Geraint Thomas says loss of 2020 Tour de France would affect livelihoods

The 2018 Tour winner says the result may not matter, but the event does

(Image credit: Getty Images)

Geraint Thomas says the loss of the 2020 Tour de France would affect livelihoods in the cycling world.

The Team Ineos rider and former Tour winner said he understands why Tour organiser ASO would opt to postpone this year’s event due to coronavirus, but fears the impact it would have on cycling’s fragile economy.

In an interview with The Telegraph newspaper, Thomas also said a Tour de France held without the fans wouldn’t be the same event.

The 33-year-old said: “I just want to race my bike again, so in that sense I’d love it to be on, but only if it was safe to do so.

"But on the other hand there are 20-odd teams, and companies invested in those teams, and if it went there [could be] quite a few people left unemployed. So while the result itself doesn’t matter, the event does because there are a lot of livelihoods wrapped up in it.”


The entire cycling calendar has been upended by the global coronavirus crisis, with dozens of races cancelled or postponed, as the UCI has suspended the cycling calendar for the foreseeable future.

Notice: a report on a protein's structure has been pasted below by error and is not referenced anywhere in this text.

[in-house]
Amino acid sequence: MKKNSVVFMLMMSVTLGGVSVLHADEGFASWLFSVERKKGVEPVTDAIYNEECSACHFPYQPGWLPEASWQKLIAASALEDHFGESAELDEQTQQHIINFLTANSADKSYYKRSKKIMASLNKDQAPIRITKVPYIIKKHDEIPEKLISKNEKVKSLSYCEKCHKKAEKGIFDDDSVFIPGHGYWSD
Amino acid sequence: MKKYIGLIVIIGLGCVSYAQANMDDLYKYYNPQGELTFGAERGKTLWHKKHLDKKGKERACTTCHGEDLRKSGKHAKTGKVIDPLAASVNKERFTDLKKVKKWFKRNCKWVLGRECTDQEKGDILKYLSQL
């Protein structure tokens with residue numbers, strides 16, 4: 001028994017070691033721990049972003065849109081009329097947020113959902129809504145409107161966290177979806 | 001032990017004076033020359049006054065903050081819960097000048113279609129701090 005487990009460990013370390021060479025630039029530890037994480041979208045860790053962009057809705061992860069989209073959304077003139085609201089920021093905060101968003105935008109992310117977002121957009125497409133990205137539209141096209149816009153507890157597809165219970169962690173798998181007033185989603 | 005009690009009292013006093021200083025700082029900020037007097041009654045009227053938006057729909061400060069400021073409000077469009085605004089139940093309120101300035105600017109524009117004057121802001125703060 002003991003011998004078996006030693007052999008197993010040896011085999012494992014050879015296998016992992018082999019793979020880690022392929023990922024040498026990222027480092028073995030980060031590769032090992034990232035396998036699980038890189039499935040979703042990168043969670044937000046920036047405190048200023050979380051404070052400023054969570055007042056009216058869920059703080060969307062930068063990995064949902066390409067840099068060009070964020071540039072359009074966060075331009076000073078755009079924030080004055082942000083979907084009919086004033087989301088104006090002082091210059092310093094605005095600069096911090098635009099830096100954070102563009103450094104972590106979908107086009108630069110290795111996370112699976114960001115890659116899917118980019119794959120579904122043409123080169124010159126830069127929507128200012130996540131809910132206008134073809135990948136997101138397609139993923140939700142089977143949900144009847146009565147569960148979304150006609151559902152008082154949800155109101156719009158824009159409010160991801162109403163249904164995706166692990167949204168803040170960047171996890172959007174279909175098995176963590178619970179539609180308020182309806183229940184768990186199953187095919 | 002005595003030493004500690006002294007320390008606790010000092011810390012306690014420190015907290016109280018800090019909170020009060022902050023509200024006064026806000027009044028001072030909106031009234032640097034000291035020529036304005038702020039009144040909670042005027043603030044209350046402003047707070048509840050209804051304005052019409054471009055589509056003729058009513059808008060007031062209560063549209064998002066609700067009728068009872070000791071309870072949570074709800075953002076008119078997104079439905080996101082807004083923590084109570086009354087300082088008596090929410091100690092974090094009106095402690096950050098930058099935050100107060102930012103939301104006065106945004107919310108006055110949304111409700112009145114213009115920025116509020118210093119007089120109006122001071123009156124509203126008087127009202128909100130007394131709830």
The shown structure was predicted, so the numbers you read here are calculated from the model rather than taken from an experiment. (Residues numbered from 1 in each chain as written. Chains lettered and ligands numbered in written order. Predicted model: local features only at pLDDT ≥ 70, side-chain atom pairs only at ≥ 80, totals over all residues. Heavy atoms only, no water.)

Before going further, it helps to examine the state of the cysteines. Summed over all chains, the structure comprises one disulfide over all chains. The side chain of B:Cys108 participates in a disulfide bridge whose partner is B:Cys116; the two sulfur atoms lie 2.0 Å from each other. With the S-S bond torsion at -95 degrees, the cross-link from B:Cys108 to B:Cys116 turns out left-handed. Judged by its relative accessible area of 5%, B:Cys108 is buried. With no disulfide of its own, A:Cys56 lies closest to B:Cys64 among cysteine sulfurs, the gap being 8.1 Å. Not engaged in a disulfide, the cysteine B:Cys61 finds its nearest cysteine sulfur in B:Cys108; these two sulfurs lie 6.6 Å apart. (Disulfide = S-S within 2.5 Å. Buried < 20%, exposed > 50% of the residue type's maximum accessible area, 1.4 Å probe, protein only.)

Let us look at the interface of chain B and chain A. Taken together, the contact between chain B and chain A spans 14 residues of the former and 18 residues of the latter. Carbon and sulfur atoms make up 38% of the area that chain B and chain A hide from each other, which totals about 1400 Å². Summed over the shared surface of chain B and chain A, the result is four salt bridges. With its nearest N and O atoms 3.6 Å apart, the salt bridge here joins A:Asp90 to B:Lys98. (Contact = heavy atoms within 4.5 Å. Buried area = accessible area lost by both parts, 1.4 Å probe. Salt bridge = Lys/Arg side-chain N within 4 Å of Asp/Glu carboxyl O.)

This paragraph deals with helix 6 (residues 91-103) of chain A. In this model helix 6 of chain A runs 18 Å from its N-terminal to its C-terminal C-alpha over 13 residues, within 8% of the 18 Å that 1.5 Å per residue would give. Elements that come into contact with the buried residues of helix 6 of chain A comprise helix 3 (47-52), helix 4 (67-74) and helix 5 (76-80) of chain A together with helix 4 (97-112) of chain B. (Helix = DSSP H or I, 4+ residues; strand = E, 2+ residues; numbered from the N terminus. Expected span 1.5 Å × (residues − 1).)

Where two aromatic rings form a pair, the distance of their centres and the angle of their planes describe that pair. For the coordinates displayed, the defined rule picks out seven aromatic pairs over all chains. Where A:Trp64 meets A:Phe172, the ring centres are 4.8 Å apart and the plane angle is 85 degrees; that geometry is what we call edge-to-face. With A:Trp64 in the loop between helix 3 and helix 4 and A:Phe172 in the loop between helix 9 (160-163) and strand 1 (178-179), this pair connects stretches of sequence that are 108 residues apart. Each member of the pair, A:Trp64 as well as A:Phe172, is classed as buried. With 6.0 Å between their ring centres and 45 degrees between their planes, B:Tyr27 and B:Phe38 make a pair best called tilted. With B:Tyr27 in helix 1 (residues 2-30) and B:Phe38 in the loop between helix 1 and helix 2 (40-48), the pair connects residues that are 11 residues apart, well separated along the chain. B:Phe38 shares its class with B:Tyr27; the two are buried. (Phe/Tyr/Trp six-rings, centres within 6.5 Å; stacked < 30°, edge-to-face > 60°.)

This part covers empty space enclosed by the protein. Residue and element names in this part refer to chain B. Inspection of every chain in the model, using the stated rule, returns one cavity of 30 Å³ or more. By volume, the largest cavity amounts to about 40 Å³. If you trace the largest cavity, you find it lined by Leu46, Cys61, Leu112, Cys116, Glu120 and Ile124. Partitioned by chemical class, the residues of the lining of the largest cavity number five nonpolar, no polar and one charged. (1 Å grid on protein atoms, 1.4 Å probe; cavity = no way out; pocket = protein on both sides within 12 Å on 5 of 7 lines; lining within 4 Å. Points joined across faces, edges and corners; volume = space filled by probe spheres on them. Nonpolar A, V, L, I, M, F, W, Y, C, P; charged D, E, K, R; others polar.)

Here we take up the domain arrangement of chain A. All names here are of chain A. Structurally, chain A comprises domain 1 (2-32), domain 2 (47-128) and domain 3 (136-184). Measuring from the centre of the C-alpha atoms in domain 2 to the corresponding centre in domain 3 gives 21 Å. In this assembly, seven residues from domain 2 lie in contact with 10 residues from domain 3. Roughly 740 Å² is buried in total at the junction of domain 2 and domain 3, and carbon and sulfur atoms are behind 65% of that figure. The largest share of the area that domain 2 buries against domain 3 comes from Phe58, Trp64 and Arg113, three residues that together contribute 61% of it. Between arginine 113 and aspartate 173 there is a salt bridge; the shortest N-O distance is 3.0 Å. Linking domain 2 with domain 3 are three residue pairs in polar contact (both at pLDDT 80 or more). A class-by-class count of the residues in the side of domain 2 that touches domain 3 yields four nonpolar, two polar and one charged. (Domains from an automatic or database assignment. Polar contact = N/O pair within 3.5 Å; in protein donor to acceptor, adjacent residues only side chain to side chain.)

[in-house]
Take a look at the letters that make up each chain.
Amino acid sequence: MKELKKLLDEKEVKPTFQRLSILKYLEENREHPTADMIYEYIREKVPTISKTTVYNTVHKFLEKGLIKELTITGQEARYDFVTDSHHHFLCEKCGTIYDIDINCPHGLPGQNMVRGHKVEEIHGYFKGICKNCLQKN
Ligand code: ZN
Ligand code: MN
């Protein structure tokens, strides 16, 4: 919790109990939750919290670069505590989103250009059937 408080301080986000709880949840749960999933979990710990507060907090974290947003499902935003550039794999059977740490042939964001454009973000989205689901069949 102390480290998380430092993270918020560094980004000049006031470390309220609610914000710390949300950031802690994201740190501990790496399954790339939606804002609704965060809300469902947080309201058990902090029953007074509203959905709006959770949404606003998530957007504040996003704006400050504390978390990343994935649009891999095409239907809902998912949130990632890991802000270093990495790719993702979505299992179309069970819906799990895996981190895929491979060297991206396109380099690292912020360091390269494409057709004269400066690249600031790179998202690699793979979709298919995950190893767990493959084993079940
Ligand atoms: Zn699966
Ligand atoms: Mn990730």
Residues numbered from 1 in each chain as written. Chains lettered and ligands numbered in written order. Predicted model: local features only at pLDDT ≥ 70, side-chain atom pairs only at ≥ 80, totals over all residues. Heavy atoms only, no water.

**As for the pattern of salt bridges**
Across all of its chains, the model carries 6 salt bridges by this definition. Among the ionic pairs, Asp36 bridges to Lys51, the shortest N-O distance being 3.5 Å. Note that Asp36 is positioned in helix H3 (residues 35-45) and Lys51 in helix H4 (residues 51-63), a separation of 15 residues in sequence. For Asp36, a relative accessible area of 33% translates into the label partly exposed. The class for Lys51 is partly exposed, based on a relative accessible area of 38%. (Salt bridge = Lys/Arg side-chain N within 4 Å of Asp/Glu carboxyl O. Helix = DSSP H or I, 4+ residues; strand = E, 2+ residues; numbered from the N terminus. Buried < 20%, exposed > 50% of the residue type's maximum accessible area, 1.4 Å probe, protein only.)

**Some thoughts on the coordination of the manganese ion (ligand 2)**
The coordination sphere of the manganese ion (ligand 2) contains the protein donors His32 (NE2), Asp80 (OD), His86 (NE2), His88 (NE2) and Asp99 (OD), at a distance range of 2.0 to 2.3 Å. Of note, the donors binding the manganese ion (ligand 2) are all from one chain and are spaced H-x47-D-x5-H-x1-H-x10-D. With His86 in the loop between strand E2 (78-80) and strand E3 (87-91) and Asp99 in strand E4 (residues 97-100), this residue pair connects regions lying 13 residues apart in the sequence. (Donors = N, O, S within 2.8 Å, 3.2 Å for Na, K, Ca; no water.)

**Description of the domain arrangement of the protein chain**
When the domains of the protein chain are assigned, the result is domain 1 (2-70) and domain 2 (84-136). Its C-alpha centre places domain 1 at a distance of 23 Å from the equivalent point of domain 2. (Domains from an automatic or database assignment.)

ASO has not yet made a decision on the fate of the Tour de France, but the Olympics, scheduled for around the same time this summer, has already been postponed until 2021.

This weekend, ASO is looking to make a decision on the Tour by May 1.

>>> New dates for Tokyo Olympics clash with 2021 Tour de France 

Last week, French minister of sport Roxana Maracineanu suggested the Tour could still be run for the benefit of TV, but without the millions of fans lining the streets.

Thomas said “it wouldn’t be the Tour without the fans” and added that it would be much harder to impose restrictions, like those that were put in place at Paris-Nice.

Alex is the digital news editor for After gaining experience in local newsrooms, national newspapers and in digital journalism, Alex found his calling in cycling, first as a reporter and now as news editor responsible for Cycling Weekly's online news output.

Since pro cycling first captured his heart during the 2010 Tour de France (specifically the Contador-Schleck battle) and joining CW in 2018, Alex has covered three Tours de France, multiple editions of the Tour of Britain, and the World Championships, while both writing and video presenting for Cycling Weekly. He also specialises in fitness writing, often throwing himself into the deep end to help readers improve their own power numbers. 

Away from journalism, Alex is a national level time triallist, avid gamer, and can usually be found buried in an eclectic selection of books.